- The Washington Times - Monday, January 31, 2000

As an American I should be pleased about Ulster, and the peace process and all that, led by our good senator, applauded by newspapers and the liberal boys in the media. I suppose I would be pleased if these currents were all about the bright new future for Britain.

Unfortunately they are not. What I see, glued with horrible fascination to my TV set and British newspapers is the latest twitch in a destructive political fit that has afflicted the United Kingdom for a generation and more. It seems obvious to me that it is going to destroy the country where I now live.

The ailment is only incidentally to do with Ireland or Europe. It has much more to do with a certain species of intellectual clowns left and right-wing who have for decades taught the British to despise their country. For these people the present splintering of the United Kingdom is a jolly good thing, and the amputation of Ulster and the coming Federal Europe are occasions for applause.

I came to know some of these people years ago, when I lived in the Northwest London enclave of Hampstead. They displayed an extraordinary hatred for their own country. It seemed the British had done so many awful things. The empire was a black mark on the face of world history racist, brutal, and oppressive. The ruling class had exploited the working class at home and behaved like Hitlerites in their Pall Mall Clubs. Royalty and the aristocracy were parasitical chinless wonders. And the big businessmen were corrupt and mendacious. Snobbery and prejudice were, to listen to some of my Hampstead acquaintances, purely British inventions, and the guiltiest of all were those who dared to express any sort of national pride or speak a good word about their country. Britain was now no better than an American aircraft carrier. Admittedly there was some rather good architecture and art on this island, but the British and their country were definitely A Bad Thing.

It soon became clear that this caricature was the property of a relatively narrow clique. What I did not anticipate was the extent to which these jaundiced views would infiltrate British media and education and become the motive for so much political discourse, literature, and drama. Throughout the '60s and '70s, for example, it was difficult if not impossible to find a play or documentary or even a news report on television or a play on the British stage which did not serve up the same radical chic caricature. By the 1980s it was so bad that the BBC actually banned a play "The Falklands Play" by Ian Curteis which attempted to buck this trend, and helped to undermine Mr. Curteis's career.

A large percentage of the British hatred and contempt hurled at Mrs. Thatcher focused (and still does) on her patriotism. When the Irish troubles captured and held the attention of the media, the phony-historical myth of an 800-year struggle was embraced to supplement the legend of the ugly empire, and Mrs. Thatcher was condemned as stubborn and jingoistic for defending British sovereignty in Ulster, not giving in to the IRA hunger strike and for rejecting Federast Europe.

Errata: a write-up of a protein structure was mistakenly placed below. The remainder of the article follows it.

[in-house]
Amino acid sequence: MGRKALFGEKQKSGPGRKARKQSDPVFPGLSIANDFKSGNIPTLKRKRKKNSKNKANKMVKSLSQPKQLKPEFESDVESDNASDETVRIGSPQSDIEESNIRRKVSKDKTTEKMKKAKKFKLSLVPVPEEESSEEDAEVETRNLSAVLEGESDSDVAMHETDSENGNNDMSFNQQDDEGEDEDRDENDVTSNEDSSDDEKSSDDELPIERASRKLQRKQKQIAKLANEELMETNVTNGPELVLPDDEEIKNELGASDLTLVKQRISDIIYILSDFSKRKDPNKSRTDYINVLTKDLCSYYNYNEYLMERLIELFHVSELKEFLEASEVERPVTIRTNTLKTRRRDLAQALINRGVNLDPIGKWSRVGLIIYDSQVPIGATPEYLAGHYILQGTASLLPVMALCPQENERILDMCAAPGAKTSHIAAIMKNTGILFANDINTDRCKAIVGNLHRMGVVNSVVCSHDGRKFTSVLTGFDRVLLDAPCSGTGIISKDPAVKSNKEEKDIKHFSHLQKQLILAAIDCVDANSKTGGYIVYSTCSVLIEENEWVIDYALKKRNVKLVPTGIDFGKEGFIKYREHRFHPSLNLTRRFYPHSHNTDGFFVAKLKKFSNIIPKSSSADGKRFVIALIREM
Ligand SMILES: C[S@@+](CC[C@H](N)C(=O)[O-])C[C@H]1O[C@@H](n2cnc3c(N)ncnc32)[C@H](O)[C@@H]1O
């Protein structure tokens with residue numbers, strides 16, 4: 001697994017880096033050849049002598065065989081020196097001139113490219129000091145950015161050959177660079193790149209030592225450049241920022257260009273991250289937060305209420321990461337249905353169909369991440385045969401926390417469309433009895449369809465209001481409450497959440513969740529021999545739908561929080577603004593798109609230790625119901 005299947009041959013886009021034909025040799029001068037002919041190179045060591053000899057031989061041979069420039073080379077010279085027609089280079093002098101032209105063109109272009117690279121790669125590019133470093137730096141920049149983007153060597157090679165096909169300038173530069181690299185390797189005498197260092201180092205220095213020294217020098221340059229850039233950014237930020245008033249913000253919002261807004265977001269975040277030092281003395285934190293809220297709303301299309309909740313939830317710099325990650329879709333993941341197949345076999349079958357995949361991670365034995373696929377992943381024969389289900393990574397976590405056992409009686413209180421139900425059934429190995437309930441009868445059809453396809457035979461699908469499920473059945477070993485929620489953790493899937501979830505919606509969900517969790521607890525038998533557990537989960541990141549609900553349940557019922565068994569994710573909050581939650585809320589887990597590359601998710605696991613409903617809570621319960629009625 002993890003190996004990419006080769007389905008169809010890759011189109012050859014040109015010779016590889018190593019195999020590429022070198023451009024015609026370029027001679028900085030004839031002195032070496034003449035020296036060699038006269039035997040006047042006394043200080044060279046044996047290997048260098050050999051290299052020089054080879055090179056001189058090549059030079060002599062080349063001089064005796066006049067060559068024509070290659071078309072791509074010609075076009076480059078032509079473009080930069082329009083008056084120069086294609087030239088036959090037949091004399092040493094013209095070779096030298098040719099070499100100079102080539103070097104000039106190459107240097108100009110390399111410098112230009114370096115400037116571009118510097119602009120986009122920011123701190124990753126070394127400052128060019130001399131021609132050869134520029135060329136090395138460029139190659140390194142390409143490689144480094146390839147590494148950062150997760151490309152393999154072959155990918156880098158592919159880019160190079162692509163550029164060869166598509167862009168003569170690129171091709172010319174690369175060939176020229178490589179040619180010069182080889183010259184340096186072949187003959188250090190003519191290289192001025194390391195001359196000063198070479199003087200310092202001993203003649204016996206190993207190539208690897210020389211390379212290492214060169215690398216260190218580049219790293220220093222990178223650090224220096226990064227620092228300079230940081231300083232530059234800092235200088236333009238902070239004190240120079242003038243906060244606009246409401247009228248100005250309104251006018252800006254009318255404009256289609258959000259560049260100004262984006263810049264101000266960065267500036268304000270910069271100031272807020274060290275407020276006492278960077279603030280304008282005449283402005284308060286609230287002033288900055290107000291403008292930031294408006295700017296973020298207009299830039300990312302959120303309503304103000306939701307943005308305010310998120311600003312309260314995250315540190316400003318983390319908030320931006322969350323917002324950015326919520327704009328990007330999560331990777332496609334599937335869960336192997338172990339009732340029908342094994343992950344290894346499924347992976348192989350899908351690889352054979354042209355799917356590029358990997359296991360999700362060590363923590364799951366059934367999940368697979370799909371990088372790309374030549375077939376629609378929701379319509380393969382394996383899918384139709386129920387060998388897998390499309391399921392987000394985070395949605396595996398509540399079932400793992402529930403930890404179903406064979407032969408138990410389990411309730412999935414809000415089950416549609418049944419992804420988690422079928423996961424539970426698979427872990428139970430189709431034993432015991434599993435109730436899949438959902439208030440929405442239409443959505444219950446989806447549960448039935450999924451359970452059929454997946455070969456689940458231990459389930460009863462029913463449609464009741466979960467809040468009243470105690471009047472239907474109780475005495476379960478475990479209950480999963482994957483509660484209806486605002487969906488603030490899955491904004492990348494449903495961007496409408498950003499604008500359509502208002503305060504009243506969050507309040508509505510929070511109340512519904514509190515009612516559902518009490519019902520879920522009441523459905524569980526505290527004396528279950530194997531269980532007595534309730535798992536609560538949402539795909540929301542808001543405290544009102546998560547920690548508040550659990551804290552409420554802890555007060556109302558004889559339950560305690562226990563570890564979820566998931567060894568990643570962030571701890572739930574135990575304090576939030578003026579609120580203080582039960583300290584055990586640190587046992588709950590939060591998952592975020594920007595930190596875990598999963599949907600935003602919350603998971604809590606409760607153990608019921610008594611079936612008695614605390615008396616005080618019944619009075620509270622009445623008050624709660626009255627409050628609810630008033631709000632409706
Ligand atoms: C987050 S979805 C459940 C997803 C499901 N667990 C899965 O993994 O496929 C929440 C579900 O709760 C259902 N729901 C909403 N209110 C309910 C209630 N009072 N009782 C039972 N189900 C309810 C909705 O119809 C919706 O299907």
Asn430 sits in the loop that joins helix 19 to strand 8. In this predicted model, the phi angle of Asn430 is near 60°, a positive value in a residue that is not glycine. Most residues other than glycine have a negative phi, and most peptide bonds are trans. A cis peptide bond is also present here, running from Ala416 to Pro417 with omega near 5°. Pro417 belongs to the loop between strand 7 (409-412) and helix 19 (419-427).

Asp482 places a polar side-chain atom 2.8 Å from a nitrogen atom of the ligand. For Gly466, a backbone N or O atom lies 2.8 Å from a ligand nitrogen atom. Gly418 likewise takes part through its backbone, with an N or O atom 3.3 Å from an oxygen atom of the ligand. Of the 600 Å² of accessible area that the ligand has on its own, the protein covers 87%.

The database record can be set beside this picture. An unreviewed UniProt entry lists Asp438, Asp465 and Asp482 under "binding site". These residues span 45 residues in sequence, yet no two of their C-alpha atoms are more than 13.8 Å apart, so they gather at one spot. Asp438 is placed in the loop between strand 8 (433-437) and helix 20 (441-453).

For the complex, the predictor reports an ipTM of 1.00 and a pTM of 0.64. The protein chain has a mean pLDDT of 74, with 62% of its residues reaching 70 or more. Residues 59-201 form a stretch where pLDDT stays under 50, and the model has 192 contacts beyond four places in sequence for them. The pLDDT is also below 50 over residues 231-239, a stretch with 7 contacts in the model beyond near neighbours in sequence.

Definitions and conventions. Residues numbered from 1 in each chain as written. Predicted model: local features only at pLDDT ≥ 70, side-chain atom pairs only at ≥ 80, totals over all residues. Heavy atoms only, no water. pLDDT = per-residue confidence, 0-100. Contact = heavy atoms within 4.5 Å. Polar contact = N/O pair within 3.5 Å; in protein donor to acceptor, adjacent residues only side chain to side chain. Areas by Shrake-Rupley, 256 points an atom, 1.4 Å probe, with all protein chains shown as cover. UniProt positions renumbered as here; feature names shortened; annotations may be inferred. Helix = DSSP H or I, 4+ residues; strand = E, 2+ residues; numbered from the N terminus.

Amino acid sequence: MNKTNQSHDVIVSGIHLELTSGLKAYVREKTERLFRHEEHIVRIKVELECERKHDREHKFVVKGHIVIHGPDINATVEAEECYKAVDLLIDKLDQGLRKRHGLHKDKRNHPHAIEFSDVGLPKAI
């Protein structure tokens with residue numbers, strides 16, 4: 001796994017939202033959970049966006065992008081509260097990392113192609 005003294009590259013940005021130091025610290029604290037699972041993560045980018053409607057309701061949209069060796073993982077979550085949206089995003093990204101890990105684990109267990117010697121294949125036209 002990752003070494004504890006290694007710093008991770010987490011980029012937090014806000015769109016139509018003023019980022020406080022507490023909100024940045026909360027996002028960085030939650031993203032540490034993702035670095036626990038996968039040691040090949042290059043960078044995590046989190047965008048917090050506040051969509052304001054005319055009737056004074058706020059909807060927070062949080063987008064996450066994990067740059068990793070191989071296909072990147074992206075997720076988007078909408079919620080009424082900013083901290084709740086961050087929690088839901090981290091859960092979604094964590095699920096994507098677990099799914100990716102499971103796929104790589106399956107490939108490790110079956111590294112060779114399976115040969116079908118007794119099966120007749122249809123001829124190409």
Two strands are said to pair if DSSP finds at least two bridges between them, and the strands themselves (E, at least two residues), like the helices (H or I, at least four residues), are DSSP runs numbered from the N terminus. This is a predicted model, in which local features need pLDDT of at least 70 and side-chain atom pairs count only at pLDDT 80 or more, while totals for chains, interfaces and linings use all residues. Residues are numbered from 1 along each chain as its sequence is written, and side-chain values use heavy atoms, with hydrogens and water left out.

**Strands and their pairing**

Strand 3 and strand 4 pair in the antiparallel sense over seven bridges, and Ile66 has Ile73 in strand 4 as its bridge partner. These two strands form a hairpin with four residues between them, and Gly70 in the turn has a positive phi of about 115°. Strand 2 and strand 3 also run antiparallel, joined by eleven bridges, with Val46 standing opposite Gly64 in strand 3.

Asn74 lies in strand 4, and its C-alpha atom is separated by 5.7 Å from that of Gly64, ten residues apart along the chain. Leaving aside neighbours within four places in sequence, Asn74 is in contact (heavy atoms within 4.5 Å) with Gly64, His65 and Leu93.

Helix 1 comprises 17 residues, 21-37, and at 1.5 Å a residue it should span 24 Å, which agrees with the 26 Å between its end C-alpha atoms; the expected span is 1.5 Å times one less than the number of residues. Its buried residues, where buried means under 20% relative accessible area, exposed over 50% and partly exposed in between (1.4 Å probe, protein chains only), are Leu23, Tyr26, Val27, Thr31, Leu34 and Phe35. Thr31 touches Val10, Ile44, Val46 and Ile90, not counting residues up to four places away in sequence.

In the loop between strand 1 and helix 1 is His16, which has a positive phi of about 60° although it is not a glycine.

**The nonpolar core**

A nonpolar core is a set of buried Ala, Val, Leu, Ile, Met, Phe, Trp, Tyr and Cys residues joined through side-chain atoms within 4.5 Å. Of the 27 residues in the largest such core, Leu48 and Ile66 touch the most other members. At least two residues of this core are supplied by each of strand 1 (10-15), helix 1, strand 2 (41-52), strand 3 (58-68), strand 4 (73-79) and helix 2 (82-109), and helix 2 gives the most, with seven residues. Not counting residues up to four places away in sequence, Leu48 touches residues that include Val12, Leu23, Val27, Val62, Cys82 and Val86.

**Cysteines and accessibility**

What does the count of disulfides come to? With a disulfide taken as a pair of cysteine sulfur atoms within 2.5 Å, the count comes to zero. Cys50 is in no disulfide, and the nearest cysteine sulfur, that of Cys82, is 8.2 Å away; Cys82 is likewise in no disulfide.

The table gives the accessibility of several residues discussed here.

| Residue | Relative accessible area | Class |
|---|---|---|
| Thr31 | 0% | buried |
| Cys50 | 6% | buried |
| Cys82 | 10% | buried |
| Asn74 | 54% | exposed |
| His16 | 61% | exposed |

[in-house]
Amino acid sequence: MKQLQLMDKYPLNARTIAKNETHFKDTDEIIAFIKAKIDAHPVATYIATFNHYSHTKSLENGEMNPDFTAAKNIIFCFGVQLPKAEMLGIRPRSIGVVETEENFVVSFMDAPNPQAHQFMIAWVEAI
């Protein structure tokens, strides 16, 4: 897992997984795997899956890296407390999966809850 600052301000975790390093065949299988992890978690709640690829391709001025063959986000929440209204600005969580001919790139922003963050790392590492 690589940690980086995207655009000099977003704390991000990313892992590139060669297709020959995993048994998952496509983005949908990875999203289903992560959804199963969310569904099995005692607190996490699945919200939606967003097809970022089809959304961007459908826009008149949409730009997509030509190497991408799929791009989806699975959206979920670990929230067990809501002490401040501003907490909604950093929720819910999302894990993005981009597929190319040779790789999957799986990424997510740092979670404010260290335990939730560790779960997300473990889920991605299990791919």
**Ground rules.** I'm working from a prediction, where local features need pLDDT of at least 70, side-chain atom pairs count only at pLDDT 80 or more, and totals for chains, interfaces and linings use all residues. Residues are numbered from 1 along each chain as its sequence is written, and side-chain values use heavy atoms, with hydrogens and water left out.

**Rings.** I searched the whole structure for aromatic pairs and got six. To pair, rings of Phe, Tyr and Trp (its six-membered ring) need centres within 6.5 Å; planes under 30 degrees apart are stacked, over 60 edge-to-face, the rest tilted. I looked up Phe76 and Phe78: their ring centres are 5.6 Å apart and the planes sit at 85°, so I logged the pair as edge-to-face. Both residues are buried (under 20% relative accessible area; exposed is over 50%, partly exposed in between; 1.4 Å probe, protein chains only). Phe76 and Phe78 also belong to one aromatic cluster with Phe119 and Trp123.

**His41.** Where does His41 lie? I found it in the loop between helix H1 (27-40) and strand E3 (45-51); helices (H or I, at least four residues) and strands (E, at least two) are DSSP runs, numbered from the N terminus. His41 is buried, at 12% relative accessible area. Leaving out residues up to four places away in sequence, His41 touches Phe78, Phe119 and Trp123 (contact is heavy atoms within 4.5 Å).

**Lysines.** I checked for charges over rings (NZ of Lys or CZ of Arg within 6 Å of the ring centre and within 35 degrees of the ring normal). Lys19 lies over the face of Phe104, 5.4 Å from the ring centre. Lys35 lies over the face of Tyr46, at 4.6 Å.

The drip-drip effect of all this public noise was bound eventually to affect the attitude of the British toward their country. The effect on public morale has been odd not an impulse of rejection, but a growing indifference, a slack electoral resignation under policies that are well on their way to destroying the United Kingdom, transforming it into a group of weakened regions dominated by the continental arrangement between France and Germany.

The gradual severance of Ulster from the United Kingdom fits perfectly into this pattern, as do the pro tem devolution arrangements for Scotland and Wales. As seen by an outsider, these are sticks of semtex set and primed to destabilize the fault lines which have opened up along the internal frontiers of the United Kingdom in the past decade or two.

As an American who has lived on this island for most of my life, I shall be sorry to see the end of the United Kingdom. Despite the aspects of smugness and nastiness described above, I, like many people in my own country, have believed that the despicable radical chic Hampstead caricature was a lie, and that Britain still had a great deal to offer after its historical flirtation with empire.

The British have always been tough, ingenious, and usually clear-headed, with a gift for commercial banditry that has served them and their friends well in an increasingly hard and competitive world.

But I do know that much, if not most of what made this island and its people a great power in the world its tradition of law (which Brussels bids fair to destroy), its literary and artistic vitality, its sound political stability and the cool sense of worth that goes with it, and above all a sane sense of puissance oblige is still alive across the Atlantic, in America whose system was designed and set in motion by British intellectuals.

America still values its British aspects and traditions. If the British themselves are now demoralized enough to allow their government to let slip away their sovereignty and drown their best qualities and traditions like an old cat's unwanted litter, it is comforting to know that at least some of them will survive elsewhere.

Herb Greer is a writer living in London.

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